Some of the skills we found on peer tutor resumes included "academic support," "gpa," and "course content." We have detailed the most important peer tutor responsibilities below.
Before becoming a peer tutor, 66.7% earned their bachelor's degree. When it comes down to graduating with a master's degree, 4.9% peer tutors went for the extra education. If you're wanting to pursue this career, it may be possible to be successful with a high school degree. In fact, most peer tutors have a college degree. But about one out of every seven peer tutors didn't attend college at all.
Those peer tutors who do attend college, typically earn either psychology degrees or business degrees. Less commonly earned degrees for peer tutors include biology degrees or english degrees.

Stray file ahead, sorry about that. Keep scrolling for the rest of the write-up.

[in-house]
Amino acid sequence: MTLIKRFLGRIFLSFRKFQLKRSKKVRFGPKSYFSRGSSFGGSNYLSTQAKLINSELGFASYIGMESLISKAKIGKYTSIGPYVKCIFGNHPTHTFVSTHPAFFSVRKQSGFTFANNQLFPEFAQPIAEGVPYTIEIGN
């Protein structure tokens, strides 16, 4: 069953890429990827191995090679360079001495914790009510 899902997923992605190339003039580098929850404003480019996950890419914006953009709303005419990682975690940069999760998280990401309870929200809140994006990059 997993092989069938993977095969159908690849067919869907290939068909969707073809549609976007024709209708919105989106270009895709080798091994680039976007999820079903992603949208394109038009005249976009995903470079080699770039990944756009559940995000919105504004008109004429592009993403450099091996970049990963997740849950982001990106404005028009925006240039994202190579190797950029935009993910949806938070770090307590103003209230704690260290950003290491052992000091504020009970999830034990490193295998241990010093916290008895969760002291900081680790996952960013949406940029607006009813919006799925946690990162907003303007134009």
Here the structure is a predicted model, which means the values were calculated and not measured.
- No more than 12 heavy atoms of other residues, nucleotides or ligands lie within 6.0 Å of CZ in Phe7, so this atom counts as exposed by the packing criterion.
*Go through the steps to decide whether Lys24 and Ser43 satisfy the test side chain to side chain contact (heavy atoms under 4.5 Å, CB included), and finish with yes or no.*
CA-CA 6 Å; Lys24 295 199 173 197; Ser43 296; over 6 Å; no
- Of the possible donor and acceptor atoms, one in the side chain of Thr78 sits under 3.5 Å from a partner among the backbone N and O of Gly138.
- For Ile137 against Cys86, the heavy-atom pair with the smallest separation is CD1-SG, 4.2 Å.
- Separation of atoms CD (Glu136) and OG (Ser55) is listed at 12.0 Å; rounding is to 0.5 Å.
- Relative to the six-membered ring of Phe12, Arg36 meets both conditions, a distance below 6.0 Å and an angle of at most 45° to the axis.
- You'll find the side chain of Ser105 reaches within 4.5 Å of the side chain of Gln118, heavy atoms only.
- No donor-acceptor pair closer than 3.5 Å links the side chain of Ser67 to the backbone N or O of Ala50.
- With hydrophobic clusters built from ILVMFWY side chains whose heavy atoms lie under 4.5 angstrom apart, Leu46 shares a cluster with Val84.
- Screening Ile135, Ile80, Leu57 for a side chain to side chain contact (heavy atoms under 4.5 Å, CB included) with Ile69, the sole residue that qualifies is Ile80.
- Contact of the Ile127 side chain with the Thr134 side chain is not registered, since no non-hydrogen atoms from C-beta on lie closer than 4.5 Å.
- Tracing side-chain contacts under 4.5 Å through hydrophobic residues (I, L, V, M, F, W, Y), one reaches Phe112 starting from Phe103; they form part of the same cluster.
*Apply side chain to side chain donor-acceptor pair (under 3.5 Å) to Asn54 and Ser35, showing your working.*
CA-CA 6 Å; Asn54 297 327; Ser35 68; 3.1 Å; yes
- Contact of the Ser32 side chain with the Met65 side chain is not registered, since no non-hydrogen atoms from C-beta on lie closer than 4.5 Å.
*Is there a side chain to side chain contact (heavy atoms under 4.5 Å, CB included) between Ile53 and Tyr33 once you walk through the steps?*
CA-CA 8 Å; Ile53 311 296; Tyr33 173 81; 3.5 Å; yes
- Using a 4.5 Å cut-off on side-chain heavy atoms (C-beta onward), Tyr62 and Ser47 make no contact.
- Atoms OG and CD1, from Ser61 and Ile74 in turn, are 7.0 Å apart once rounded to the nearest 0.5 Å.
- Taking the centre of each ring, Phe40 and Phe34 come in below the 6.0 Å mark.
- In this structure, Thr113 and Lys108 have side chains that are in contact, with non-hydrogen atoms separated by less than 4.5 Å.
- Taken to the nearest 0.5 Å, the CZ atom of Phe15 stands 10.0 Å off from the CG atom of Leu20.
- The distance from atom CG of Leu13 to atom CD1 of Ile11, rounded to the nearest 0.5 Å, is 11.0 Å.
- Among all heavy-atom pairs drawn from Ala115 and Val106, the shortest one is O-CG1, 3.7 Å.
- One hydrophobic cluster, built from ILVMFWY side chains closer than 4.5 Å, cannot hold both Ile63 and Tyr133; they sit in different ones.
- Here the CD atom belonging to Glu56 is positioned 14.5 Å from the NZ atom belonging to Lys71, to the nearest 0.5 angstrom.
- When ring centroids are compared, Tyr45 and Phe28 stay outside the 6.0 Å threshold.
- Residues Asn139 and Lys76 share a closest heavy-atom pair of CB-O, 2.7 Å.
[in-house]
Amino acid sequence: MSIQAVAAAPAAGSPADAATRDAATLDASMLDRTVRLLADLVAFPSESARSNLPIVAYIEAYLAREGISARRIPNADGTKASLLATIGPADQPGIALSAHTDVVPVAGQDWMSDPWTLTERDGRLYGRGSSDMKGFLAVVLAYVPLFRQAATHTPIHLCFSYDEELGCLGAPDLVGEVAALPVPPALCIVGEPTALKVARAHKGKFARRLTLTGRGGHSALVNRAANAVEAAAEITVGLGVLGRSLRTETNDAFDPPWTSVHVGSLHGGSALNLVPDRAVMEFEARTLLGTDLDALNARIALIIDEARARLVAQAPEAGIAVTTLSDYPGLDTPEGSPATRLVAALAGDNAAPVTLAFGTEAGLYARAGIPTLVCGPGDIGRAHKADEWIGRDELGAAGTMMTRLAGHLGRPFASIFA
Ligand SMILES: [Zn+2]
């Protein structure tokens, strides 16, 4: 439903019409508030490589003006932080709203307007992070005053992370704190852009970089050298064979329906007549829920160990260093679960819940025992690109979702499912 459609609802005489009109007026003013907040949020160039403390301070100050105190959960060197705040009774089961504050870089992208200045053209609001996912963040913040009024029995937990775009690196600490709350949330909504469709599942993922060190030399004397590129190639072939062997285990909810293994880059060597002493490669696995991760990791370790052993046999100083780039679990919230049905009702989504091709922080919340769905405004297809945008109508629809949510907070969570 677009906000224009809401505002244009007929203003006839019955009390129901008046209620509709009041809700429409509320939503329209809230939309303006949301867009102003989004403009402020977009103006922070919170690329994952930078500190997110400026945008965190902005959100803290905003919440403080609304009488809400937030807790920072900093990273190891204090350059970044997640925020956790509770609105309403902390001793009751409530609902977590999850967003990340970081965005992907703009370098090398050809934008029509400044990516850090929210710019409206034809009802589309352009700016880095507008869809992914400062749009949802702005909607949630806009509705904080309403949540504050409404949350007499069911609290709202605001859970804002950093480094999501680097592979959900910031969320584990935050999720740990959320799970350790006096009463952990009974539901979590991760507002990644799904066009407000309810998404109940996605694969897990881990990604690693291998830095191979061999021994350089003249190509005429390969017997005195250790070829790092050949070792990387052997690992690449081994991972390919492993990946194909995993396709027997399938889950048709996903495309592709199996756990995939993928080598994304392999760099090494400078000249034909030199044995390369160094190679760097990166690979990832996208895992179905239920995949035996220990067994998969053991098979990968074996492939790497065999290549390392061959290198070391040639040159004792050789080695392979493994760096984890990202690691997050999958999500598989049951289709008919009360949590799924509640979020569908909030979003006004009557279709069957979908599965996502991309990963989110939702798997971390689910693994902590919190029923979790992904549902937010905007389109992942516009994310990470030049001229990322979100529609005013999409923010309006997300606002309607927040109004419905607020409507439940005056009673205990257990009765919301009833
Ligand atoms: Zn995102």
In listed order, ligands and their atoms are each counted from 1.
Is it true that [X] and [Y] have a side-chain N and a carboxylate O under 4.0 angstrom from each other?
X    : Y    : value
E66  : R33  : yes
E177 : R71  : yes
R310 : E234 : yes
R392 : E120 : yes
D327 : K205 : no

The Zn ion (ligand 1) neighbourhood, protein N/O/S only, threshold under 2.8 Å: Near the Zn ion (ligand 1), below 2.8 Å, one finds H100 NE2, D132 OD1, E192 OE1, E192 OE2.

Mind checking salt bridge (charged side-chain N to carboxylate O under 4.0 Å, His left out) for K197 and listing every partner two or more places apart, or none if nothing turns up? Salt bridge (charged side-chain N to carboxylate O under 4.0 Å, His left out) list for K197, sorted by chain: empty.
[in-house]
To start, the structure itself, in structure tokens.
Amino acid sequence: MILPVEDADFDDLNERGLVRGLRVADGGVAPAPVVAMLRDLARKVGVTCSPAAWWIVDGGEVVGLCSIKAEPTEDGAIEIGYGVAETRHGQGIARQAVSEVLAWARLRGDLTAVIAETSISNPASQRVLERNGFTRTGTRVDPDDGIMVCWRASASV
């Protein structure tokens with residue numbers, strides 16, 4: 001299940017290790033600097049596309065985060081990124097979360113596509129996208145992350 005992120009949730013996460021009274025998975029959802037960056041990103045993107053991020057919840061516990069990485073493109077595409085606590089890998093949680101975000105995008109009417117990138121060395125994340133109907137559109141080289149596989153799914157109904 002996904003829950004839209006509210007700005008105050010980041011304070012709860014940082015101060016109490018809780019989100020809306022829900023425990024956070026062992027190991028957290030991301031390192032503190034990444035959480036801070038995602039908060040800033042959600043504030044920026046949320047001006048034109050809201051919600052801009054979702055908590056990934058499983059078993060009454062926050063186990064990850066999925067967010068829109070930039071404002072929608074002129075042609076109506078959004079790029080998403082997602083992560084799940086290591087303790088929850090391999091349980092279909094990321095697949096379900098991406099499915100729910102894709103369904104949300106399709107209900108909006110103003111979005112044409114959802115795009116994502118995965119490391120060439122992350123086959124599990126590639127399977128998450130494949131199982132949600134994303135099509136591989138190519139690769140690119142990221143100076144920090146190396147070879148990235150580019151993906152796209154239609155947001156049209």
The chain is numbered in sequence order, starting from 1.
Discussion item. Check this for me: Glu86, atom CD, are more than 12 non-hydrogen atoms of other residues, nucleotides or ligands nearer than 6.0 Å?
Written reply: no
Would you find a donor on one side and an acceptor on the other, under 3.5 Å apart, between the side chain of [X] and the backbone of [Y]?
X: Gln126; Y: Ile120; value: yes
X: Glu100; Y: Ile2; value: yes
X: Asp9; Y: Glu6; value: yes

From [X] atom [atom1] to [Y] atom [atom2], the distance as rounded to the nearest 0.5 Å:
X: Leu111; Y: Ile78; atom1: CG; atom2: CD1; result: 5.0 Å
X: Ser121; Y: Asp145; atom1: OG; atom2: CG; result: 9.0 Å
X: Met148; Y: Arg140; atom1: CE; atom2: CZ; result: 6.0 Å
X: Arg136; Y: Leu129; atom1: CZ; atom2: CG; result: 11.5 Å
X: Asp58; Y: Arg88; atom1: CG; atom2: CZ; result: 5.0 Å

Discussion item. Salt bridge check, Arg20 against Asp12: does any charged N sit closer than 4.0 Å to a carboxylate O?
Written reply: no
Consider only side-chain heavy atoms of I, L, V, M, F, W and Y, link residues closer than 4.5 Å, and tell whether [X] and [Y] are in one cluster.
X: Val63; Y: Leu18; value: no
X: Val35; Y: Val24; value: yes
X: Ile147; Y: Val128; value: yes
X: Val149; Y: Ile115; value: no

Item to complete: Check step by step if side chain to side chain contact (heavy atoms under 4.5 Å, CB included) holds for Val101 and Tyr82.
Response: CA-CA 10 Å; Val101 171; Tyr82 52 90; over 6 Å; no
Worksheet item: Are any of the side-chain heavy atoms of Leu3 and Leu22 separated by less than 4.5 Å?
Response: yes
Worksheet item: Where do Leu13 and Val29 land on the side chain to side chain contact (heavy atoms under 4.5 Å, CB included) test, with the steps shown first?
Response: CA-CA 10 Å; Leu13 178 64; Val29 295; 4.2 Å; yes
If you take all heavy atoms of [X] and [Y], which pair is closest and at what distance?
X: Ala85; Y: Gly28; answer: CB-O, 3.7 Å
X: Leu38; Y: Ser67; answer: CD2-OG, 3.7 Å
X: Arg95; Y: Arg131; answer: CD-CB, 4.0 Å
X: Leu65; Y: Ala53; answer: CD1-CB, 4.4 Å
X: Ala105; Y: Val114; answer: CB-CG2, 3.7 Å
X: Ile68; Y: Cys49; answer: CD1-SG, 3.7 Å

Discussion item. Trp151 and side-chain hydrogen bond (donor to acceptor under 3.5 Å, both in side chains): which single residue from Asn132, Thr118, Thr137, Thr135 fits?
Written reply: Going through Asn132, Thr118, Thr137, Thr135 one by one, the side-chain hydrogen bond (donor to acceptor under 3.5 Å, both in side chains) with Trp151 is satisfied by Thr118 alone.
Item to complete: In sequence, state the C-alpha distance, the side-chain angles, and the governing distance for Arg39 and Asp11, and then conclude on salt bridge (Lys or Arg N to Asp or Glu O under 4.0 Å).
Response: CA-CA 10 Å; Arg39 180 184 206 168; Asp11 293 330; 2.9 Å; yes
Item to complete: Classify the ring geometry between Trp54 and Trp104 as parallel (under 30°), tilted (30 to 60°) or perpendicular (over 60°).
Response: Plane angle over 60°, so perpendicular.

Once you've obtained the level of education you're comfortable with, you might start applying to companies to become a peer tutor. We've found that most peer tutor resumes include experience from Adtalem Global Education, Adventist Health System, and Delaware. Of recent, Adtalem Global Education had 2 positions open for peer tutors. Meanwhile, there are 1 job openings at Adventist Health System and 1 at Delaware.
Some other companies you might be interested in as a peer tutor include University of California Press, Club Z! In-Home Tutoring, and Huntington Learning Center. These three companies were found to hire the most peer tutors from the top 100 U.S. educational institutions.